Searching for rent relief or considering rent deferral? If your company or small business needs rent relief now or will in the coming months, it’s time to consider your options and have a conversation about rent concessions with your landlord.
The state of commercial real estate has changed since the coronavirus pandemic began, but many tenants and landlords are still able to come to agreements should the tenant be unable to make rent.
Rent abatement is one way tenants and landlords can try to make things work in the midst of COVID-19.
What Does Rent Abatement Mean?
Rent abatement takes the pressure off of tenants who are behind on rent or unable to make rent. It suspends rent for a set period, while allowing the tenant to remain in the space. Sometimes landlords ask that tenants pay only a portion of their rent each month and suspend the remaining rent.
Rent abatement is often used in regards to natural disasters, major repairs, mold, initial modifications to the space, and anything that renders the property unusable for a time. Typically, rent abatement benefits tenants, so they don’t have to pay rent on a property they can’t access or use.
In times of crisis, you can negotiate rent abatement even if it doesn’t quite fall into one of the categories mentioned in your lease. Rent abatement can keep businesses from declaring bankruptcy and closing. It can also help tenants pay something to the landlord—even if it’s not full rent.
Forms of Rent Abatement
Rent abatement is not a get-out-of-rent-free card. Usually, you can view rent abatement as a postponement of the rent you owe.
As a tenant, you want to compensate the landlord for missed payments if you can. Rent abatement often involves extending the lease, agreeing to renew at a higher rent rate or formalizing a repayment plan for down the road.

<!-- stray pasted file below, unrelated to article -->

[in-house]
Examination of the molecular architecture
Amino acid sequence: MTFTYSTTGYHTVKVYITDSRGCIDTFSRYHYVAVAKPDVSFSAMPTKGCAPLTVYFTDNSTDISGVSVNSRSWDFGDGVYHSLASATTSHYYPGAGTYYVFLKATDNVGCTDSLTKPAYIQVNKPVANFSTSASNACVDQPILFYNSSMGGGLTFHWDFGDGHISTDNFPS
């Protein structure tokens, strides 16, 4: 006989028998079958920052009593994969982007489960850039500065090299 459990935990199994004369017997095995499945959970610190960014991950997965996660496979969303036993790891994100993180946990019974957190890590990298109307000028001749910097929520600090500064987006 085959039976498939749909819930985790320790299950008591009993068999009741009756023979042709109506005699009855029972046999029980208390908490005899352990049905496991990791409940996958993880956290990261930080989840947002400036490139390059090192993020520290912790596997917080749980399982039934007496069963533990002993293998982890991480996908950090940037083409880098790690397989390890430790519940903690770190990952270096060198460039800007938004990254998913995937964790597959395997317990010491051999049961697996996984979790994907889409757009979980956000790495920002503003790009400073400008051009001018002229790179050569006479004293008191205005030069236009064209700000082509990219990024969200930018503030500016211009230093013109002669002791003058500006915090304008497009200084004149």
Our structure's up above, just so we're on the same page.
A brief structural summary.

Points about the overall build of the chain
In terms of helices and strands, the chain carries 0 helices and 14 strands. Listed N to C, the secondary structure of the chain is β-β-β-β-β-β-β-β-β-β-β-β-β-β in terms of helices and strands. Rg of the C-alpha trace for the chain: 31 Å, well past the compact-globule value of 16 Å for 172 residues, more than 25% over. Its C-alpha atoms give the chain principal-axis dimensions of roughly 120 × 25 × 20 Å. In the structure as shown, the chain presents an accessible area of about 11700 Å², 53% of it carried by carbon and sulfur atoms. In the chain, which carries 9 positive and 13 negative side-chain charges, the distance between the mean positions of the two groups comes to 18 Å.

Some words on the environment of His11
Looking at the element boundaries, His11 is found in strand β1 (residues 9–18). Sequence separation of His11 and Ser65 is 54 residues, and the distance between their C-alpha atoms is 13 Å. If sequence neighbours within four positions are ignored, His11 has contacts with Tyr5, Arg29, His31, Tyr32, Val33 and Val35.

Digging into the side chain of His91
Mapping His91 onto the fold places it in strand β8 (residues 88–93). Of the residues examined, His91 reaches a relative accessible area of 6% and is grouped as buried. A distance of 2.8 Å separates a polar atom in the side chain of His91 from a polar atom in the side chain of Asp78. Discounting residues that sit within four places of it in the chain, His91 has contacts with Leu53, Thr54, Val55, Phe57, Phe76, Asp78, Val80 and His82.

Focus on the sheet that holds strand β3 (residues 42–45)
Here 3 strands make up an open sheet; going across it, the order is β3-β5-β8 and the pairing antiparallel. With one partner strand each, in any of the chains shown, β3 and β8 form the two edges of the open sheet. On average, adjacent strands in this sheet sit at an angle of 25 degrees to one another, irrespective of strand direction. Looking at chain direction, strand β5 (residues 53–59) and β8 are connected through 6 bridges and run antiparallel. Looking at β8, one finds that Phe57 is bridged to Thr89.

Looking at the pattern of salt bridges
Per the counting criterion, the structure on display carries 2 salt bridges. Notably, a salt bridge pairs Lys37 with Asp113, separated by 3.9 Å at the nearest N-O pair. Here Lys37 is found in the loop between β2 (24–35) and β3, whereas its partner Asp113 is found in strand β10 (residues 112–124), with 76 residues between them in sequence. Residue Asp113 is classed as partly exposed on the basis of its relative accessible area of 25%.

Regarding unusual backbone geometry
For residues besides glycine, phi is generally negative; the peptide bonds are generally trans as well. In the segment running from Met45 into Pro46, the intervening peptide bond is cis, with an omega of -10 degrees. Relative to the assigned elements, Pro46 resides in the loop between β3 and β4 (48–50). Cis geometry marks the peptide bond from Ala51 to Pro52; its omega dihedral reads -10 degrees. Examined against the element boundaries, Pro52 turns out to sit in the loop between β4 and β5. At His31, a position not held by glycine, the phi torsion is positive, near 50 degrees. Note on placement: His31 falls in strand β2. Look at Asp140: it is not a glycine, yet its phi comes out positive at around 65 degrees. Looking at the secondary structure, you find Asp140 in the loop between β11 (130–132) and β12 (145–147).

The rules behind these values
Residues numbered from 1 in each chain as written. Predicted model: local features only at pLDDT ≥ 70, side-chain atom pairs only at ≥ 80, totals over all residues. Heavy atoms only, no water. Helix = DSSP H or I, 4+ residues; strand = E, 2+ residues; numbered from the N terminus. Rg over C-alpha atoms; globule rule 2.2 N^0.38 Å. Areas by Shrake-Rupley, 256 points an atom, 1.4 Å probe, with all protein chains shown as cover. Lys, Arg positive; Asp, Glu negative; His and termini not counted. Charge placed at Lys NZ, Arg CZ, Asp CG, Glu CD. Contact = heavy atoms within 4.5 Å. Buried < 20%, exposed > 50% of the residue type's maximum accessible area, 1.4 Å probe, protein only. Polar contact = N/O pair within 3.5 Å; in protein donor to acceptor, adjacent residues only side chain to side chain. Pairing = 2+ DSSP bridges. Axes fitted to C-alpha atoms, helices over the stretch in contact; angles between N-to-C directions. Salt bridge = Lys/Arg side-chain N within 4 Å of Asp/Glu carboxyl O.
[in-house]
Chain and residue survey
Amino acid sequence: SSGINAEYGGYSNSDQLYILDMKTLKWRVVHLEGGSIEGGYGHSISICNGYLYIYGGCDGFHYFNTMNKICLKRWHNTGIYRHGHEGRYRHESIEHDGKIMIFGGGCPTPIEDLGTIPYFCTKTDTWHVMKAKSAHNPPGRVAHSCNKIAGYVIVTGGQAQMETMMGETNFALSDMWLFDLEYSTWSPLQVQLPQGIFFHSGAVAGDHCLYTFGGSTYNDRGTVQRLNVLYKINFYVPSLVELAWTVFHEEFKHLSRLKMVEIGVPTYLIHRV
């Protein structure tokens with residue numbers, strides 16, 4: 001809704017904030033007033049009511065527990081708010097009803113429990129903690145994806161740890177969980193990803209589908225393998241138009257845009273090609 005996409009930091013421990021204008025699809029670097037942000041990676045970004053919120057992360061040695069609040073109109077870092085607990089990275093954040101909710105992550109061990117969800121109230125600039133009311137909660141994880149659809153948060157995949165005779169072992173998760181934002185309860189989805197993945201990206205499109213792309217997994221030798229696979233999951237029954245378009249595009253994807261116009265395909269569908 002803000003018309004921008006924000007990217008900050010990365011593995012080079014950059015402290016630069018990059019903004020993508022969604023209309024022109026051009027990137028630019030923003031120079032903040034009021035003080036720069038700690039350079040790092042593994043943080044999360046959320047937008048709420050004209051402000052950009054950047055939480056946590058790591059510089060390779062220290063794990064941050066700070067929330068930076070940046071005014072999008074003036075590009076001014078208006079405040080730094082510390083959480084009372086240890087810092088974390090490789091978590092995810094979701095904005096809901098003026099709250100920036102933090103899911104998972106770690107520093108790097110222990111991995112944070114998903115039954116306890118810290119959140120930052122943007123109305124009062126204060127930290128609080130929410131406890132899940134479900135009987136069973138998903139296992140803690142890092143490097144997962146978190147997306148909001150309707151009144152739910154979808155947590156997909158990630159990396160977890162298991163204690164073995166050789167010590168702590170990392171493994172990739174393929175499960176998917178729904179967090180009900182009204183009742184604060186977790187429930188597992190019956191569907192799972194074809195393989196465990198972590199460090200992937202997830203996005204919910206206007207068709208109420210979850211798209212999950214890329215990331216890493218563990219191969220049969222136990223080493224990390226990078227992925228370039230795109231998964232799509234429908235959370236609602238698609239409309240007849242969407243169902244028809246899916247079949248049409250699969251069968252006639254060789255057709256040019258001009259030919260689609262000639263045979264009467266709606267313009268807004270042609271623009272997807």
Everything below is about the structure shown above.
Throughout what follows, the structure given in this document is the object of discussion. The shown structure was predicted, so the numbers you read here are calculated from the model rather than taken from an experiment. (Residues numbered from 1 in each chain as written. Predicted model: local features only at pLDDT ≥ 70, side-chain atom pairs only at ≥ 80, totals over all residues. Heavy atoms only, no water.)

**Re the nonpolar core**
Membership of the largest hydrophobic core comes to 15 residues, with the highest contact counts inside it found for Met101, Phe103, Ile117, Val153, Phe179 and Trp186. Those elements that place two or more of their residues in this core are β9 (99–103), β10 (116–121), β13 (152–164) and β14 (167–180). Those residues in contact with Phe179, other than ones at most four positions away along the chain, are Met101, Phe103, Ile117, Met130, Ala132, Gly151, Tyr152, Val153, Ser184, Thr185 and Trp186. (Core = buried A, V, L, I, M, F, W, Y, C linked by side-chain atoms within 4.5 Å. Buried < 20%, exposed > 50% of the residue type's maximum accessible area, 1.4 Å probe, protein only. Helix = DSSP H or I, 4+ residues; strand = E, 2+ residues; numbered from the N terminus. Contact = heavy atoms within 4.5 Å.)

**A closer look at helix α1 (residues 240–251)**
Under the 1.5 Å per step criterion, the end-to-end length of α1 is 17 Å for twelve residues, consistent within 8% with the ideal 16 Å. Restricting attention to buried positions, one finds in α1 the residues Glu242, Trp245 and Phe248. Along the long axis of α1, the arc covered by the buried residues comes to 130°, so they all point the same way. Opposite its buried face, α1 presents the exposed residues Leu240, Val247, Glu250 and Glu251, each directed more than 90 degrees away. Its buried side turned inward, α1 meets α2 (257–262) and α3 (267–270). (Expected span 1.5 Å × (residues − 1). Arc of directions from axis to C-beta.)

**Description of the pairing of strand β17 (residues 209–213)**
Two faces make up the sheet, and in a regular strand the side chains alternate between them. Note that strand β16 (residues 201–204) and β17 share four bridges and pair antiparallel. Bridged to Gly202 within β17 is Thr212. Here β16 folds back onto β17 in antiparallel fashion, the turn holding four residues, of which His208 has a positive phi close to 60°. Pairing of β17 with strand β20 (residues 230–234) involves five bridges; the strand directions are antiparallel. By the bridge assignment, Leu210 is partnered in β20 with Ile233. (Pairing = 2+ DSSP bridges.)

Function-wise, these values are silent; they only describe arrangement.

Many tenants and landlords agree to abatements by extending the lease agreement long enough to make up for the payments the landlord would’ve received. Several months may be added onto the end of a lease, pushing abated rent payments to those months.
Let’s say you can’t make rent for three months. In this case, a 36-month lease becomes a 38-month lease as additional months are added to make up for three months of abated rent.
If the tenant and landlord do not wish to extend the lease, abatement can also be accomplished by creating a repayment plan. The abated rent amount would be divided and added in equal amounts to the tenant’s monthly rent throughout the remainder of the term. Essentially, this pays the landlord back for the missed rent payments.
Tenants may be able to strike an agreement where they pay only a portion of the monthly rent for a period. Once that period ends, similarly to the repayment plan, they would pay the remaining rent owed (the portion that was abated) during the remainder of the term.
A landlord may agree to use a tenant’s security deposit in exchange for a month’s rent. When financially possible, the landlord would expect the security deposit to be re-deposited by the tenant.
How to Ask for Rent Abatement
As a tenant, how can you ask your landlord to reduce or postpone rent? When tenants ask for abatement, they should present a plan to their landlord and demonstrate financial need. A winning plan needs to detail how the tenant will pay back abated rent in the future.
How Much Rent Abatement Should You Ask For?
When deciding how much rent abatement to ask for, remember that the landlord must pay toward their obligations as well. Tenants should bring a fair solution to the table.
Landlords have their own mortgage payments, along with paying for taxes, insurance, and property maintenance. They depend on tenant rent to make these payments. Less rent may mean the landlord must try to abate their mortgage payments as well.
Lenders may place restrictions on landlords, too, leaving them only able to abate what the lender agrees to—despite what the tenant proposes or what the landlord may like to offer.
Abating rent can help tenants stay in business. Sometimes all a tenant needs is to get to a place where they are more financially stable and able to cope with changing circumstances. If businesses can keep the lights on, landlords can keep their source of income, too—their tenants.
Contact Commercial One Brokers for information on the real estate market in Branson, MO.
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